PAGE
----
Outcasts: Women in the Wilderness
Outcasts: Women in the Wilderness
Glyndor Gallery | April 8–July 9, 2017
Companion Species, 2017
Reclaimed wool blanket, embroidery floss, thread
Courtesy of the artist and PDX Contemporary Art, Portland, OR
An American artist and member of the Seneca Nation of Indians, Marie Watt draws from history, biography, Iroquois proto-feminism and indigenous principles to address the interaction of history and memory. Her primary materials are everyday objects whose use can contain remarkable histories. Watt uses materials that are conceptually attached to narratives, exploring the stories connected with woolen blankets, cedar and iron.
Regarding the various sources Watt employs in the work, “a common thread is the search for a storyline that tethers me to place and community. I research and draw from photographs, history, indigenous place names, Seneca teachings, biography and the canon of art history.” Sometimes she references visual sources, such as a 1913 photograph of a potlatch, which she was initially drawn to because of “a blanket flying through the air like a magic carpet.” She explains, “The longer I looked at the image of this object of transportation, the more I came to see the gathering not just as a celebration but also as an act of civil disobedience.”
Watt has felt a strong connection to Spero, expressing it through an image of the She Wolf nursing Remus and Romulus. “In my studio, I turned the She Wolf’s body into an 8 x 13-foot canopy, whereby she offers to shelter and protect observers. For me, this piece attempts to address our reciprocal relationship with nature and our responsibility to be good stewards.” The title of Watt’s smaller study, Companion Species, refers to a manifesto by Donna Haraway. But she also sees a connection between this figure and Spero’s “ferocious mother.” In her work, “I see the wolf as a mother archetype and as a hybrid—a she/he/they/we. For me, dogs—and, by extension, our pets—are entry points for conversations about how we are related to animals and to the natural world.”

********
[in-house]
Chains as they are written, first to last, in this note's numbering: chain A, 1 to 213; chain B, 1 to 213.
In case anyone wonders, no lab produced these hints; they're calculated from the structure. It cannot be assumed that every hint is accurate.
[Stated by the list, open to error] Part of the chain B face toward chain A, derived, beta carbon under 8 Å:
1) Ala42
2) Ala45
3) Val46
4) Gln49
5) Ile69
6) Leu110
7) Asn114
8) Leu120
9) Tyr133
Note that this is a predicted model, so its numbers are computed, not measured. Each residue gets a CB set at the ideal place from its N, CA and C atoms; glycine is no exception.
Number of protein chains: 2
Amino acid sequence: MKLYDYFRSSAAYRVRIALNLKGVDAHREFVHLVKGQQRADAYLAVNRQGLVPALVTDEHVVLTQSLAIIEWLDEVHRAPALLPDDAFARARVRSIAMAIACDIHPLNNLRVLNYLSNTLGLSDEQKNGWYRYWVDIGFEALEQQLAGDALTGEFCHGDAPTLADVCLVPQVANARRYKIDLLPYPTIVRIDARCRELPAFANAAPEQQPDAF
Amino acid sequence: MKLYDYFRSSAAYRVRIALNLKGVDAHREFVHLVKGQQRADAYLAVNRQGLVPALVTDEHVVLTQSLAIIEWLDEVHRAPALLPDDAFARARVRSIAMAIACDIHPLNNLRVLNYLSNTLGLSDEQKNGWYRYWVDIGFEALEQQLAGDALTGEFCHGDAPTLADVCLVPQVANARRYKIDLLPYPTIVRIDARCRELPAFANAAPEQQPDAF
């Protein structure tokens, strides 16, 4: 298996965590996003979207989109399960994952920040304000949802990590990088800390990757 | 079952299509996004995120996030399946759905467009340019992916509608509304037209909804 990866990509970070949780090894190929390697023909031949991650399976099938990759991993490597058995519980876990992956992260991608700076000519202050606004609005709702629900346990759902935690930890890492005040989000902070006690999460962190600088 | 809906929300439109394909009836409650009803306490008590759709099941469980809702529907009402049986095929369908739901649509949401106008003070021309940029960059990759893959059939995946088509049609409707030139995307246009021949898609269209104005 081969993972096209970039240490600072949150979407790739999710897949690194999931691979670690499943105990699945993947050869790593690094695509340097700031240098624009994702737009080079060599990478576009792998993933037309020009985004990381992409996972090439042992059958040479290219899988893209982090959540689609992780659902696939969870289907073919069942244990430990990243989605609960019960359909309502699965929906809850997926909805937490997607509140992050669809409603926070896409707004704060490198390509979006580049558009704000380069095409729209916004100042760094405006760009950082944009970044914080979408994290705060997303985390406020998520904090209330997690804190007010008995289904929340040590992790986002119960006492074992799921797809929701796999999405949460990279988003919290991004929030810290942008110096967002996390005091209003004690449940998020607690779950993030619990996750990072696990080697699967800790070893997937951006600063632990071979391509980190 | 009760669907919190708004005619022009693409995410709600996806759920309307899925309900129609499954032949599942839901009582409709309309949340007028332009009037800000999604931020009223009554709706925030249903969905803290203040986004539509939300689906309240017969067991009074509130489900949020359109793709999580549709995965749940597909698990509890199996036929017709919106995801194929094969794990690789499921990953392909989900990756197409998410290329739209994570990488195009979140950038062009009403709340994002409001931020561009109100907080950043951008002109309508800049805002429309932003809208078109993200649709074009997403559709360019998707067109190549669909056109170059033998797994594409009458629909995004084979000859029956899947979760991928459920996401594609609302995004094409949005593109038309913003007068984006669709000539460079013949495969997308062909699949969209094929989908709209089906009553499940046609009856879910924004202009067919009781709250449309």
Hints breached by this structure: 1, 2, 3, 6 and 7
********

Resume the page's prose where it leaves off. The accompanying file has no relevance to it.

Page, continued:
Marie Watt draws from history, biography, Iroquois proto-feminism and Indigenous principles to address the interaction of the arc of history with the intimacy of memory. In her tribe (Watt is an enrolled member of the Seneca Nation of Indians) and in other Indigenous communities, blankets are given away to honor those who witness important life events. She has received awards from the Joan Mitchell Foundation and the Anonymous Was a Woman Foundation. In 2015, she exhibited in the Unsuspected Possibilities show at SITE Santa Fe, and in 2016 she was commissioned by the US State Department’s Art in Embassies program to build a permanent sculpture at the newly expanded US Embassy in Islamabad, Pakistan. Watt holds an MFA in painting and printmaking from Yale University, attended Willamette University and the Institute of American Indian Arts and in 2016 was awarded an honorary doctorate from Willamette University.
First Teachers (Looking Back Looking Forward), 2016
Reclaimed wool blanket, thread, embroidery floss
11½" x 9"
Collection of Mark A. Anderson
Generous Ones (Pink Sky), 2014
Reclaimed wool blankets, satin binding, thread
14½" x 19"
Collection of Tracy Schlapp
The Arts at Wave Hill are supported by the Lily Auchincloss Foundation, Inc.; Michael J. Shannon; Milton and Sally Avery Arts Foundation; the National Endowment for the Arts; New York City Department of Cultural Affairs; New York Community Trust Edward and Sally Van Lier Fund; New York State Council on the Arts with the support of Governor Andrew M. Cuomo and the New York State Legislature; The Pollock-Krasner Foundation; The Shelley & Donald Rubin Foundation; and by the Cathy and Stephen Weinroth Commissioning Fund for the Arts.